Luis G. Fortuño is the Governor of Puerto Rico since 2009. He is a corporate lawyer and politician affiliated with the New Progressive Party and the Republican Party U.S.A. He previously was the Resident Commissioner of Puerto Rico to the United States Congress, having served January 3, 2005 to 2009.
- 1 Record and controversies
- 2 Bio
- 3 Money in politics
- 4 Committees and affiliations
- 5 More background data
- 6 Articles and Resources
Record and controversies
Reparations for Japanese Latin Americans
Fortuno cosponsored The Commission on Wartime Relocation and Internment of Latin Americans of Japanese Descent Act in the 110th Congress which would establish a commission that would determine the facts and circumstances involving the relocation, internment and deportation of Japanese Latin Americans.
- Main article: Redress for Japanese Latin Americans/ U.S. legislation#Commission on Wartime Relocation and Internment of Latin Americans of Japanese Descent Act of 2007
Fortuño was born October 31, 1960. He graduated from the Edmund A. Walsh School of Foreign Service at Georgetown University and later received a law degree from the University of Virginia in 1985. During this period, Fortuño was a volunteer intern at the Office of the Commonwealth of Puerto Rico in Washington, D.C.
During Pedro Rosselló's tenure as governor of Puerto Rico, Fortuño served as Executive Director of the Puerto Rico Tourism Company and as the first Secretary of Economic Development.
In his bid for resident commissioner, Fortuño actively campaigned alongside Pedro Rosselló, who was also seeking re-election. In the 2004 election, Fortuño was victorious. However, his running-mate Rosselló lost his bid for the governor's seat by 4,000 votes. This meant that Fortuño would be the Resident Commissioner under Governor Aníbal Acevedo Vilá of the Popular Democratic Party. This was the first time in Puerto Rican history that the governor of Puerto Rico and the resident commissioner are not from the same political party.
Unlike all other representatives to the U.S. House of Representatives, Puerto Rico's resident commissioner is elected every four years, not two. When in Congress Fortuño received a large bloc of donations from the tourism industry. Instead of running for reelection to Congress in 2008, Fortuño ran for governor of Puerto Rico and won in November 2008. 
In early 2008, Aníbal Acevedo Vilá, then governor of Puerto Rico, had a progressive approach to the environment and the protection 3,000 acres of coastline known as the Northeast Ecological Corridor, nesting ground for the critically endangered leatherback sea turtle and 50 other threatened native species, like the brown pelican, Puerto Rican boa, and West Indian manatee. But in November 2008 when Luis Fortuño was elected governor of Puerto Rico he made a major policy change and decided to cancael the Corridor’s nature-reserve designation to pave the way for large-scale, unsustainable development in the area. It would appear that Fortuño may have placed the short-term interests of the tourism industry above the long-term interests of the environment and some of Puerto Rico's endangered species.
Money in politics
This section contains links to – and feeds from – money in politics databases. <crpcontribdata>cid=N00026264&cycle=2006</crpcontribdata>
|Links to more campaign contribution information for Luis Fortuno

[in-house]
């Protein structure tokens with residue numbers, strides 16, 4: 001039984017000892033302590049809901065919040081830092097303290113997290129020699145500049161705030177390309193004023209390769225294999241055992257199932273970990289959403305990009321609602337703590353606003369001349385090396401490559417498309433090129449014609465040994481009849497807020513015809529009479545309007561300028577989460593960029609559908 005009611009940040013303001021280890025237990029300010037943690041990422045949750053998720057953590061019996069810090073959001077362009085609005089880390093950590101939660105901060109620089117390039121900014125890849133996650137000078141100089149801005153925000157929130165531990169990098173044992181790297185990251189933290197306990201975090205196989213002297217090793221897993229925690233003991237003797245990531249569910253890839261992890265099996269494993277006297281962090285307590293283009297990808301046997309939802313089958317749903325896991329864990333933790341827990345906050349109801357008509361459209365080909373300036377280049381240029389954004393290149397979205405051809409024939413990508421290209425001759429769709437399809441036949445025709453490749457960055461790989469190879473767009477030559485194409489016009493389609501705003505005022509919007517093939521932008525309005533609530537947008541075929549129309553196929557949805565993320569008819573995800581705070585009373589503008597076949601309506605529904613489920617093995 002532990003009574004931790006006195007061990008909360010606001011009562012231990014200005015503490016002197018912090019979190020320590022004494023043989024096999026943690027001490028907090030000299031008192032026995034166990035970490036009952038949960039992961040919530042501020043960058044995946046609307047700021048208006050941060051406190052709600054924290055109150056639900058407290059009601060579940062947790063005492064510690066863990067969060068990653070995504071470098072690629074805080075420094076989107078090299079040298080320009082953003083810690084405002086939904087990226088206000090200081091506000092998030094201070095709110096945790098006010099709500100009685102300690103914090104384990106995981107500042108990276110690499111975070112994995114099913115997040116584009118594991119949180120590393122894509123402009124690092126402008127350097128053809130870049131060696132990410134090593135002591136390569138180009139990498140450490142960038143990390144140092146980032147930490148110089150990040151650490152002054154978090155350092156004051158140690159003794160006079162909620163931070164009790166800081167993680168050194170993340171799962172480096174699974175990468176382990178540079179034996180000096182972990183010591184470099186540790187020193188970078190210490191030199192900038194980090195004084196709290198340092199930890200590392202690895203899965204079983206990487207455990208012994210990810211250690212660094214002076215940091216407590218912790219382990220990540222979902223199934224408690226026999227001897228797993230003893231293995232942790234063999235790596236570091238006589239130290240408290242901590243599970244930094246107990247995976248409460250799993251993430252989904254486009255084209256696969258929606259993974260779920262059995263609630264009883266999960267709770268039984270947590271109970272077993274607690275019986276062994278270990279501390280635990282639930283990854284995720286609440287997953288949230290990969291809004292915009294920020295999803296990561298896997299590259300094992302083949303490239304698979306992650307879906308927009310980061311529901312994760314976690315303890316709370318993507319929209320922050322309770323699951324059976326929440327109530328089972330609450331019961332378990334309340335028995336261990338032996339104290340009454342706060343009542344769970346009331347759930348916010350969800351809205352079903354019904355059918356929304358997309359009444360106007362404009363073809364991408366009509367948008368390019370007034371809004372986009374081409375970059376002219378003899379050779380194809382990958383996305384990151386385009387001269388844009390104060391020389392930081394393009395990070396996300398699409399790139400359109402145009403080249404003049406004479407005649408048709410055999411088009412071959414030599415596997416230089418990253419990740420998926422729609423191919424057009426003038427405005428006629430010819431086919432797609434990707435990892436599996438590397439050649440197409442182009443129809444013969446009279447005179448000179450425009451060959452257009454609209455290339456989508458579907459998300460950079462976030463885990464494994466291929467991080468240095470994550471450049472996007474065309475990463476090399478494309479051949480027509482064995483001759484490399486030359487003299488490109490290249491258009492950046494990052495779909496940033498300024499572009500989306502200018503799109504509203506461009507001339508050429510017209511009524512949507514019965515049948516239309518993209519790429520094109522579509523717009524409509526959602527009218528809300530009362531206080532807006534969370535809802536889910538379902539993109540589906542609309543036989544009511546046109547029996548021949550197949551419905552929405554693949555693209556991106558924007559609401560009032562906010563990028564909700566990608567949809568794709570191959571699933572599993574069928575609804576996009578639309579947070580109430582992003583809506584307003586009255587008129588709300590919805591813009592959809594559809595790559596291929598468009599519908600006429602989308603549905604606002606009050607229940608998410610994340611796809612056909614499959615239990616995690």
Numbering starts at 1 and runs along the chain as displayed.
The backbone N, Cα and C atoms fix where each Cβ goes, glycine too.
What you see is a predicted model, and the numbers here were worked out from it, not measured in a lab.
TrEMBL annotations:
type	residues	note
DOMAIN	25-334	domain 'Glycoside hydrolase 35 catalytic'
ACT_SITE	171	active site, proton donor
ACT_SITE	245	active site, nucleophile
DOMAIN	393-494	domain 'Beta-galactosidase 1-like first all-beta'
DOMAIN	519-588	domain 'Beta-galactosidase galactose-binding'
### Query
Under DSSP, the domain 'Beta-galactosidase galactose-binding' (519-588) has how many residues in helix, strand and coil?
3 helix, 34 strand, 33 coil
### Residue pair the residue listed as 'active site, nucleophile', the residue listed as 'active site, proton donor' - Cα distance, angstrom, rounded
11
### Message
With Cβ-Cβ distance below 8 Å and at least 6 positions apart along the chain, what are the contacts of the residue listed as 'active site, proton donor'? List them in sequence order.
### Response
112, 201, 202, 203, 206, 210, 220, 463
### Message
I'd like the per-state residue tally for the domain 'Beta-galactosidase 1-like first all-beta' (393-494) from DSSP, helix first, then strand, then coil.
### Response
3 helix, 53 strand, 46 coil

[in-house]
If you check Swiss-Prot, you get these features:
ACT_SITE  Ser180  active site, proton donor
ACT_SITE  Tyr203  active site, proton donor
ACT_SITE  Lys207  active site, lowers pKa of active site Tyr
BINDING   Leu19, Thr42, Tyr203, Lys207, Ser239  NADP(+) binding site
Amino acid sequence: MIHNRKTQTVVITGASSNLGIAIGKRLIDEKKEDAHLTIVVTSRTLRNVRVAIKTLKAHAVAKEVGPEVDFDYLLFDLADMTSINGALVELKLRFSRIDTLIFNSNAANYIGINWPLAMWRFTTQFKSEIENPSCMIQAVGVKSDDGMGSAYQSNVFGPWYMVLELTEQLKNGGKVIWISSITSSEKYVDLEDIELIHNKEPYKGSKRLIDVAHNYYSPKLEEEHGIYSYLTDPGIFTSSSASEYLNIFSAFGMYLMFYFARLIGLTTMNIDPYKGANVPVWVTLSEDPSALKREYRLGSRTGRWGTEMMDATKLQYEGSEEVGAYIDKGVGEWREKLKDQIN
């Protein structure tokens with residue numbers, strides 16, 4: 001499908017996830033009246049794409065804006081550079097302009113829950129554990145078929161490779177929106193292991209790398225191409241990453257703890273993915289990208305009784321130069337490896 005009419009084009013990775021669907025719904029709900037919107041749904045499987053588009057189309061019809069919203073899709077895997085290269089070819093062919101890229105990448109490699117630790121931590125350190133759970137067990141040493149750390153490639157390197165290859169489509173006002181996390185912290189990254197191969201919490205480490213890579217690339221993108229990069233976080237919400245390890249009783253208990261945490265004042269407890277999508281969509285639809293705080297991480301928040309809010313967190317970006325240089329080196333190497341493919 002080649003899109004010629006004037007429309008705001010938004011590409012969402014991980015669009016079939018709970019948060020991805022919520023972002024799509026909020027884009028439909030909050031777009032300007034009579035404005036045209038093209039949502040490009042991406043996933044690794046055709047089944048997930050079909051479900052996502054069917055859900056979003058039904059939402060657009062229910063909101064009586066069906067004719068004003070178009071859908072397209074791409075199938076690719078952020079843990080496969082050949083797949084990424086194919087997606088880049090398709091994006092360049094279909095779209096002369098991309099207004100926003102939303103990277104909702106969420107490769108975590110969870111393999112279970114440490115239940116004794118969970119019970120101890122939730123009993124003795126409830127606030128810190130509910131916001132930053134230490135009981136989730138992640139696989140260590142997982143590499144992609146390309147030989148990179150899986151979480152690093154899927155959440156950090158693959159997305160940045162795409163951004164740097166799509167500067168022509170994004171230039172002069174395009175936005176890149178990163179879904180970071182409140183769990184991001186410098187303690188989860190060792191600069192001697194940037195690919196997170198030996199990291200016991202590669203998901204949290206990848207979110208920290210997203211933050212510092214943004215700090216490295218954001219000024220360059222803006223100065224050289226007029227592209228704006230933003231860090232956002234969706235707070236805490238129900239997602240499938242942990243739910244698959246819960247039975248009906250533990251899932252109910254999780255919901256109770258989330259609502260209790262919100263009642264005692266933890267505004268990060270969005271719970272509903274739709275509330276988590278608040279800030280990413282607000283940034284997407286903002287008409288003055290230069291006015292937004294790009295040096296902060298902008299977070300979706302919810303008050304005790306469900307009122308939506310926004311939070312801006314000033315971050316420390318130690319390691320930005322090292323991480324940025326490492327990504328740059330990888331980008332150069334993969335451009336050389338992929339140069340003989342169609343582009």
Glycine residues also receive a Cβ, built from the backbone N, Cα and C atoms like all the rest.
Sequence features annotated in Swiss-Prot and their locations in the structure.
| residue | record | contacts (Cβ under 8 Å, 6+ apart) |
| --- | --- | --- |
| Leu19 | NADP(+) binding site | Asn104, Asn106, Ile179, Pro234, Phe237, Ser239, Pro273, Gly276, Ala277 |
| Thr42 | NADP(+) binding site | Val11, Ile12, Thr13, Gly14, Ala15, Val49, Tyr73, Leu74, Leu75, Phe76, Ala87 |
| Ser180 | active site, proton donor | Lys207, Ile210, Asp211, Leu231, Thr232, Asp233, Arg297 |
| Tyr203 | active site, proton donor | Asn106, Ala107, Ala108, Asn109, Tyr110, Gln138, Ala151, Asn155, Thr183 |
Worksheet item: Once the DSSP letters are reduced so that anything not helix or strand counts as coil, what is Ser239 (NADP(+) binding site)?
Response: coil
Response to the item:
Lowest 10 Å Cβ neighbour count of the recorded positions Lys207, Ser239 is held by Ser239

from the Center for Responsive Politics' OpenSecrets.org site.
|Fundraising profile:||2006 election cycle||Career totals|
|Top contributors by organization/corporation:||2006 election cycle||Career totals|
|Top contributors by industry:||2006 election cycle||Career totals|
- Revolving door profile for Luis Fortuno from the Center for Responsive Politics' OpenSecrets.org website.
- 2006 privately funded travel profile for Luis Fortuno from the Center for Responsive Politics' OpenSecrets.org website.
- Personal finance profile for Luis Fortuno from the Center for Responsive Politics' OpenSecrets.org website.
Committees and affiliations
- House Committee on Education and Labor
- Subcommittee on Early Childhood, Elementary and Secondary Education
- Subcommittee on Healthy Families and Communities
- House Committee on Foreign Affairs
- Subcommitee on Europe and Emerging Threats
- Subcommitee on Western Hemisphere
- House Committee on Natural Resources
- Subcommitee on Insular Affairs, Ranking Member
Committee assignments in the 109th Congress (2005-2006)
- House Committee on Education and the Workforce
- Subcommittee on 21st Century Competitiveness
- Subcommittee on Select Education
- House Committee on Resources
- Subcommittee on Fisheries Conservation Wildlife and Oceans
- Subcommittee on National Parks Recreation and Public Lands
- House Committee on Transportation and Infrastructure
- Subcommittee on Coast Guard and Maritime Transportation
- Subcommittee on Water Resources and Environment
More background data
Articles and Resources
- Luis Fortuno profile, White House 2012 The Republican race for President, accessed January 2011.
- "SENS. INOUYE, AKAKA, LEAHY, LEVIN, BENNETT, MURKOWSKI, STEVENS," US Fed News 15, 2007.
|Current Office: U.S. House of Representatives|
Ranking Member On:
Ranking Member On:
House Committee on Natural Resources/Subcommitee on Insular Affairs
|Committees: House Committee on Education and Labor/Subcommittee on Early Childhood, Elementary and Secondary Education, House Committee on Education and Labor/Subcommittee on Healthy Families and Communities, House Committee on Foreign Affairs/Subcommitee on Europe and Emerging Threats, House Committee on Foreign Affairs/Subcommitee on Western Hemisphere, House Committee on Natural Resources/Subcommitee on Insular Affairs|
|First Elected to Current Office:
November 2, 2004
|First Took Current Office:
January 3, 2005
January 1, 2009
|Previous Political Work?
||Other Party Membership: New Progressive Party of Puerto Rico|
|Zip Code Affiliations:|
Date of Birth: October 31, 1960